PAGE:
Got back home last night after a delightful visit to Claremore, Oklahoma. It’s always fun to celebrate another birthday, especially when it’s #143.
Powerball is getting almost as much attention as the election. So many people have gambled and lost since August 3, that it reached $1,900,000,000. It’s almost false advertising because if you win you get less than half that much cash, $929,000,000. Minus taxes. And if you lose, like other millions of folks who seem to be both generous and unlucky, you hope to have enough left in your pocket to buy gas and milk with.
Tomorrow is Election Day, Nov. 8. Plenty of excitement from both Democrats and Republicans, especially where races are close. President Biden added another factor: FEAR. Did you hear him? This election is a “Threat to Democracy.” Many other Democrats use that phrase, too. (Actually, we live under a “Constitutional Republic” but most of us call it a democracy.)
But how is an election a threat to democracy? The President says that a vote for anyone other than a Democrat will lead to the “end of democracy.” All right, suppose we vote for Democrats and they keep control of Congress. Here’s where the FEAR becomes real. With support of a big Democrat majority in Congress, President Biden said this week he will stop oil and gas drilling, and no more coal burning electric power plants will be built.
That would mean, yes, you’ll still have a democracy. But this winter you may starve or freeze at home in the dark. No diesel to deliver food and other essential goods. No gasoline to let you drive to a warmer climate. No electricity to charge an Electric Vehicle. If you’re lucky, you’ll have a cord of firewood, a dozen candles, and a few cases of Chef Boyardee.
Of course, this is a farce. Democracy won’t end, no matter who you vote for. And President Biden can huff and puff all he wants about solar and wind. It can’t provide 100% of the energy needs for our growing economy. Not by 2030, not by 2050, and probably not by 2100. So just relax and vote.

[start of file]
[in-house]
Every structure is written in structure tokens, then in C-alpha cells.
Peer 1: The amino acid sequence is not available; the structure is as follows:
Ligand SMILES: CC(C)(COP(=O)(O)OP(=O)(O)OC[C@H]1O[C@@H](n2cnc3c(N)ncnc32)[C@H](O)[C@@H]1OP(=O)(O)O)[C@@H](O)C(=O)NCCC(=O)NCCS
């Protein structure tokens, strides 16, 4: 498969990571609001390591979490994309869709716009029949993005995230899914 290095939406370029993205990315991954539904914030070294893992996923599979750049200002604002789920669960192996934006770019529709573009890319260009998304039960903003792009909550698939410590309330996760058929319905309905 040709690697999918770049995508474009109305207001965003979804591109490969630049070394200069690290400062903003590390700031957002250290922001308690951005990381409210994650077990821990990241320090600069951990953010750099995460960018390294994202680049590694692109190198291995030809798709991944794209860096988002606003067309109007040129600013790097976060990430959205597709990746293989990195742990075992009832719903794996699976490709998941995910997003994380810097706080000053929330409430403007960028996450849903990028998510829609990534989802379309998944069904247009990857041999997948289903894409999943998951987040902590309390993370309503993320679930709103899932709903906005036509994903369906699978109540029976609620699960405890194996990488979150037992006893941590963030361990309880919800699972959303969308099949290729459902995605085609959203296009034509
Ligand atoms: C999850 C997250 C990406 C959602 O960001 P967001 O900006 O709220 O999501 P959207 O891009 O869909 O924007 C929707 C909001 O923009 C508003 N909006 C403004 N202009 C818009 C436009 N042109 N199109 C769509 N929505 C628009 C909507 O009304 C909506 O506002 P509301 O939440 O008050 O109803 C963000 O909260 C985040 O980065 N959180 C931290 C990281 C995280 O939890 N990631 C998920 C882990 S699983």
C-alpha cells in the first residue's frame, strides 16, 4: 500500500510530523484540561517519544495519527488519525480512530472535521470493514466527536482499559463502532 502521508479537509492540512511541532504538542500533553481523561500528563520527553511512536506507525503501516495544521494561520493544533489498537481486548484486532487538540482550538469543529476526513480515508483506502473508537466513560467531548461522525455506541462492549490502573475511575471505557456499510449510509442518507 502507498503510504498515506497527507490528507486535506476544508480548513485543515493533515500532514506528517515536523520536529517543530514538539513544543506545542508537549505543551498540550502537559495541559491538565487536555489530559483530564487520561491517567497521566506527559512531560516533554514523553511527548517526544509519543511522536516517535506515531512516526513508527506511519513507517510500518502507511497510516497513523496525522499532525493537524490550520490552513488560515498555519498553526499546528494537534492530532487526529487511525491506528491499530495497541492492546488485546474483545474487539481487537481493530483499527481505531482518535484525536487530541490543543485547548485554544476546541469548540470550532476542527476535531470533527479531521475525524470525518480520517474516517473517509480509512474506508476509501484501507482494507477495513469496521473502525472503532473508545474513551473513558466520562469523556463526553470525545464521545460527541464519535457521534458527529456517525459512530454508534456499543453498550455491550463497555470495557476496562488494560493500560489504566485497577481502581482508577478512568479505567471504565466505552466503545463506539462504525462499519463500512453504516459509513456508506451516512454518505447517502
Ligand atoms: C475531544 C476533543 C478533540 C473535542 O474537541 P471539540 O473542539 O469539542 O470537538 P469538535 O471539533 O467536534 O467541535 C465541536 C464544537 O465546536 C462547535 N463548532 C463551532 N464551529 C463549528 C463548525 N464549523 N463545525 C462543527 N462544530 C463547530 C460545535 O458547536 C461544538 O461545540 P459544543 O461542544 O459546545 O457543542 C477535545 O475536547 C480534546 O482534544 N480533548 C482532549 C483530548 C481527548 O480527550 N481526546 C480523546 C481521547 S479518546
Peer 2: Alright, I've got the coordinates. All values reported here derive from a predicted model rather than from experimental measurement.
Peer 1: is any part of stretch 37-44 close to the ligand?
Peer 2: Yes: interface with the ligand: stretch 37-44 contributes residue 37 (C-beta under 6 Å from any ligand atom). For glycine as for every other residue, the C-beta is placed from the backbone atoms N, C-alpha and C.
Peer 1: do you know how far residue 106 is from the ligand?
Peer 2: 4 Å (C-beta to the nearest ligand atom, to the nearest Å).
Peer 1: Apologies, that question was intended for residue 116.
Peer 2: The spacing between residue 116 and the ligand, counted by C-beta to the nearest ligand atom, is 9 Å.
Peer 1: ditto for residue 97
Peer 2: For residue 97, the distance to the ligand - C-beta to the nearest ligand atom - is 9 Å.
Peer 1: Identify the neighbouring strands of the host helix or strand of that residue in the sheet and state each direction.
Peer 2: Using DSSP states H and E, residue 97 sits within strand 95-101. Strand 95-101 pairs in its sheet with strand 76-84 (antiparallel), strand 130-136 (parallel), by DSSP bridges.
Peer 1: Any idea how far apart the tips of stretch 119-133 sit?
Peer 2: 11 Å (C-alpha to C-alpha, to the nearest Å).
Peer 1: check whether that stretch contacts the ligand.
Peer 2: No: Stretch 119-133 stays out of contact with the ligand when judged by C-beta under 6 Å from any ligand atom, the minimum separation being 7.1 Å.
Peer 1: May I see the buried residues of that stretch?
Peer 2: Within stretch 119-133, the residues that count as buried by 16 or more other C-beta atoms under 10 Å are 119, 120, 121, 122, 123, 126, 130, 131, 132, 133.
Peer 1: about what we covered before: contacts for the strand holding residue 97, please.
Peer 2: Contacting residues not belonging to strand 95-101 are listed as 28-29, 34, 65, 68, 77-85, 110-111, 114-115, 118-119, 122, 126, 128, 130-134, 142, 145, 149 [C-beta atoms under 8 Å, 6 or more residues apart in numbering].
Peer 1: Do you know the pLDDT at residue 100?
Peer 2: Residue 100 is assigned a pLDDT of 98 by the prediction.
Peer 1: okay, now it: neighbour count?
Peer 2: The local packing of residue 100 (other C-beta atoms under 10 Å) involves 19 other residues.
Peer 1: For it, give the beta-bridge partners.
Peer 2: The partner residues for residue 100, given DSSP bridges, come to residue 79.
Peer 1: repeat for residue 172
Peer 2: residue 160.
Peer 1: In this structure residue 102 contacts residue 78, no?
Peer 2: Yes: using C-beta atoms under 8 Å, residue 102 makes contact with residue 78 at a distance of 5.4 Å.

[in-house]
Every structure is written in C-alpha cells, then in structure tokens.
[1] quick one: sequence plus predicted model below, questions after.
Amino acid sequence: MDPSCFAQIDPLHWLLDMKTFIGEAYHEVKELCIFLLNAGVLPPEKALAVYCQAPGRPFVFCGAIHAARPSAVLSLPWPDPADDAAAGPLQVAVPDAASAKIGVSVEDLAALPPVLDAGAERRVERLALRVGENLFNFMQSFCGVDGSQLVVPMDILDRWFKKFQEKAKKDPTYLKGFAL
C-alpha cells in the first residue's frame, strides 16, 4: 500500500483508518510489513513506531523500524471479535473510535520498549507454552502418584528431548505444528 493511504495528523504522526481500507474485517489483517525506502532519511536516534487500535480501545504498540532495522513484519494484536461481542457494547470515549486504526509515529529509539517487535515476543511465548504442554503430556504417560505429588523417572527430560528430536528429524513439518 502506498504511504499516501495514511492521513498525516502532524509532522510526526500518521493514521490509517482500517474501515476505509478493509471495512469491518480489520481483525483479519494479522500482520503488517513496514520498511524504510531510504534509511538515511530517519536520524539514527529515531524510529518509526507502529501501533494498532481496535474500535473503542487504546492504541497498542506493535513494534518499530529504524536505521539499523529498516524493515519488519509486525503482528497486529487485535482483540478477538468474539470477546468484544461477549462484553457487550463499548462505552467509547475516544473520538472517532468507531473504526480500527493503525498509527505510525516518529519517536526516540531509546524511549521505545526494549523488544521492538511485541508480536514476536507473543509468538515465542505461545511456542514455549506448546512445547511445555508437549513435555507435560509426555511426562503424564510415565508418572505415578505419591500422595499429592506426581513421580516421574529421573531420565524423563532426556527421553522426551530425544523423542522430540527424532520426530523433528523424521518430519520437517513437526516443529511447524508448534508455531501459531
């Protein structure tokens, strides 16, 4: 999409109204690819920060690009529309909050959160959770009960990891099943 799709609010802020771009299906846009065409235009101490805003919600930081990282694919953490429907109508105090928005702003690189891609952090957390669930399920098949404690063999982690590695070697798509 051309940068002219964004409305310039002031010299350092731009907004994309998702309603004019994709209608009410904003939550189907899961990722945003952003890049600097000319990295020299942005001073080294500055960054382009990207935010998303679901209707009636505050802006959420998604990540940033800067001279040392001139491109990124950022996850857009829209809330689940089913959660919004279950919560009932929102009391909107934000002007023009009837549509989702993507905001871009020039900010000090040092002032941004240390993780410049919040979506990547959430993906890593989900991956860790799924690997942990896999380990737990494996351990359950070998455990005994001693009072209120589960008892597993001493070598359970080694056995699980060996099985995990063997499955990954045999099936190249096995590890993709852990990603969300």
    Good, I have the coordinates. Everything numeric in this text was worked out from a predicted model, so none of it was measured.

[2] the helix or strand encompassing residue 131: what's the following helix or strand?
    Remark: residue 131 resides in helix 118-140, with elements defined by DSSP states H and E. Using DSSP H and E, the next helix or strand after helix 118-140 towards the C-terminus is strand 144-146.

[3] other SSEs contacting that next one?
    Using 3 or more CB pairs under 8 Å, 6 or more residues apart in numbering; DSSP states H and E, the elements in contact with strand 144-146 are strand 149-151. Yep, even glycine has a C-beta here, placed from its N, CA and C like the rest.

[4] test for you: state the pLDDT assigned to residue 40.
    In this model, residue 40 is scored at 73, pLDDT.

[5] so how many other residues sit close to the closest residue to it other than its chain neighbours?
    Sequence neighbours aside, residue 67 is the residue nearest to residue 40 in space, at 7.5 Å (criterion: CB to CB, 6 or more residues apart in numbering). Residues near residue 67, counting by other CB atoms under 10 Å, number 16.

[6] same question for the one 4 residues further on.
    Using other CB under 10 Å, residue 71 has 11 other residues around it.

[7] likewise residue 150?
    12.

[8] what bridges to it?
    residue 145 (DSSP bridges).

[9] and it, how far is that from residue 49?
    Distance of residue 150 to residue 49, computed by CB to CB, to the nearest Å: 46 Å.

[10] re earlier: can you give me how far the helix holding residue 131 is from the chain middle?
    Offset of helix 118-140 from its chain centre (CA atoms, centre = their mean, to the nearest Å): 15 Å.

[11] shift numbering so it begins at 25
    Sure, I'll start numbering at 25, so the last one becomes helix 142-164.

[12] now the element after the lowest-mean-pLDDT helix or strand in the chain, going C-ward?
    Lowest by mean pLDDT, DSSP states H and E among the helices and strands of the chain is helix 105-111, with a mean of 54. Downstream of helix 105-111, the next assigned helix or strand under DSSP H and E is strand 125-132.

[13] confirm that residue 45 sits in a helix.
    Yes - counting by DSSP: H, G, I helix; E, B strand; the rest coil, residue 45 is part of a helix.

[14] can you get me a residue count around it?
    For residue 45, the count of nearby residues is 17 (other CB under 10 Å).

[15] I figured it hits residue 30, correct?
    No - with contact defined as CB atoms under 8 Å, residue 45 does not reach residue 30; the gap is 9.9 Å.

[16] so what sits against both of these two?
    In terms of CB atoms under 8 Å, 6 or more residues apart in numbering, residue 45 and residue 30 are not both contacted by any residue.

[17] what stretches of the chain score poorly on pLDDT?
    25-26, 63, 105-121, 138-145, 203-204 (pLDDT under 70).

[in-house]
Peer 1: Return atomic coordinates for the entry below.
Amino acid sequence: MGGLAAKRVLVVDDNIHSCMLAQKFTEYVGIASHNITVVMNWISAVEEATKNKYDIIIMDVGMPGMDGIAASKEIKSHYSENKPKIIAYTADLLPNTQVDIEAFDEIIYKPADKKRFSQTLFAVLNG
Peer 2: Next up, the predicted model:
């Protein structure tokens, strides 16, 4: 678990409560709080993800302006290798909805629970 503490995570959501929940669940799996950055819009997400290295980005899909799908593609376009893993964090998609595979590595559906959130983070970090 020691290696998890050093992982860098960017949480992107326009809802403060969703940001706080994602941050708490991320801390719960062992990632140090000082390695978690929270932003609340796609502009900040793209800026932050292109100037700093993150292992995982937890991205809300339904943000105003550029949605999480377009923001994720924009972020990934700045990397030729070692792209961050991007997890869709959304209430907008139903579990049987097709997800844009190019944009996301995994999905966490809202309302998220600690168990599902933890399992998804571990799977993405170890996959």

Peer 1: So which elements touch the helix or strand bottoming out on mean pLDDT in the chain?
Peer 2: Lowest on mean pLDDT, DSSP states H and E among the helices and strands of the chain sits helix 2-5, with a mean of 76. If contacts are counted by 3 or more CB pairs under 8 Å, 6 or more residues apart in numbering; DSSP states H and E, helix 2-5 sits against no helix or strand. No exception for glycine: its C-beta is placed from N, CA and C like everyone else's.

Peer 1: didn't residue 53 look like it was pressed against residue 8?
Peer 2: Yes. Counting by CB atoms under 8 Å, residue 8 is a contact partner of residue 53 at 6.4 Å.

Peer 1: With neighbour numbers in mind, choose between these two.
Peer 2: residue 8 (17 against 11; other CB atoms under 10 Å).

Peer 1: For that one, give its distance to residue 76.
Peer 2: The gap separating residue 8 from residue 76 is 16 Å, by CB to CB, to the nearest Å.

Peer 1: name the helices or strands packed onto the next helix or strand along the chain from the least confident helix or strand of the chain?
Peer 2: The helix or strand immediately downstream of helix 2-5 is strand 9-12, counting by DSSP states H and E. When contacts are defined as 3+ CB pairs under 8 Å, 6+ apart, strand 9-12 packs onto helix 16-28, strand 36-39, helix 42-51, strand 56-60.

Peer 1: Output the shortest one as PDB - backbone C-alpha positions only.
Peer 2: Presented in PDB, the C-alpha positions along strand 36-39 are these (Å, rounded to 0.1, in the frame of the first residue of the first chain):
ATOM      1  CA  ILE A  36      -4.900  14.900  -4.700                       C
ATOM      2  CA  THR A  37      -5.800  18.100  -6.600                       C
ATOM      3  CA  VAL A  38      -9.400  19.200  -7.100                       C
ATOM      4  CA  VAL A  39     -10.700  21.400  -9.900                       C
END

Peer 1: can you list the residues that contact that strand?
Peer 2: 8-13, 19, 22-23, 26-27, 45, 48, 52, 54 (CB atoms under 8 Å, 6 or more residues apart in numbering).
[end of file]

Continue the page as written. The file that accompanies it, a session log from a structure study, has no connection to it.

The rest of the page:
Historic quotes by Will Rogers: (on elections)
“Coolidge made less speeches and got more votes than any man that ever run. (William Jennings) Bryan was listened to and cheered by more people than any single human in politics, and he lost. So there is a doubt just whether talking does you good or harm.” DT #673, Sept. 21, 1928
“You know the more you read and observe about this Politics thing, you got to admit that each party is worse than the other. The one that’s out always looks the best.” WA #3, December 31, 1922
“(You know) Lincoln’s famous remark about ‘God must have loved the common people, because he made so many of them.’… Well, you are not going to get people’s votes nowadays by calling ‘em common. Lincoln might have said it, but I bet it was not until after he was elected.” WA #82, July 6, 1924
“There is only one redeeming thing about this whole election. It will be over at sundown, and let everybody pray that it’s not a tie, for we couldn’t go through with this thing again. And, when the votes are counted, let everybody, including the candidates, get into a good humor as quick as they got into a bad one. Both gangs have been bad sports, so see if at least one can’t redeem themselves by offering no alibis, but cooperate with the winner, for no matter which one it is the poor fellow is going to need it. So cheer up. Let’s all be friends again. One of the evils of democracy is you have to put up with the man you elect whether you want him or not. That’s why we call it democracy.” DT #1953, Nov. 7, 1932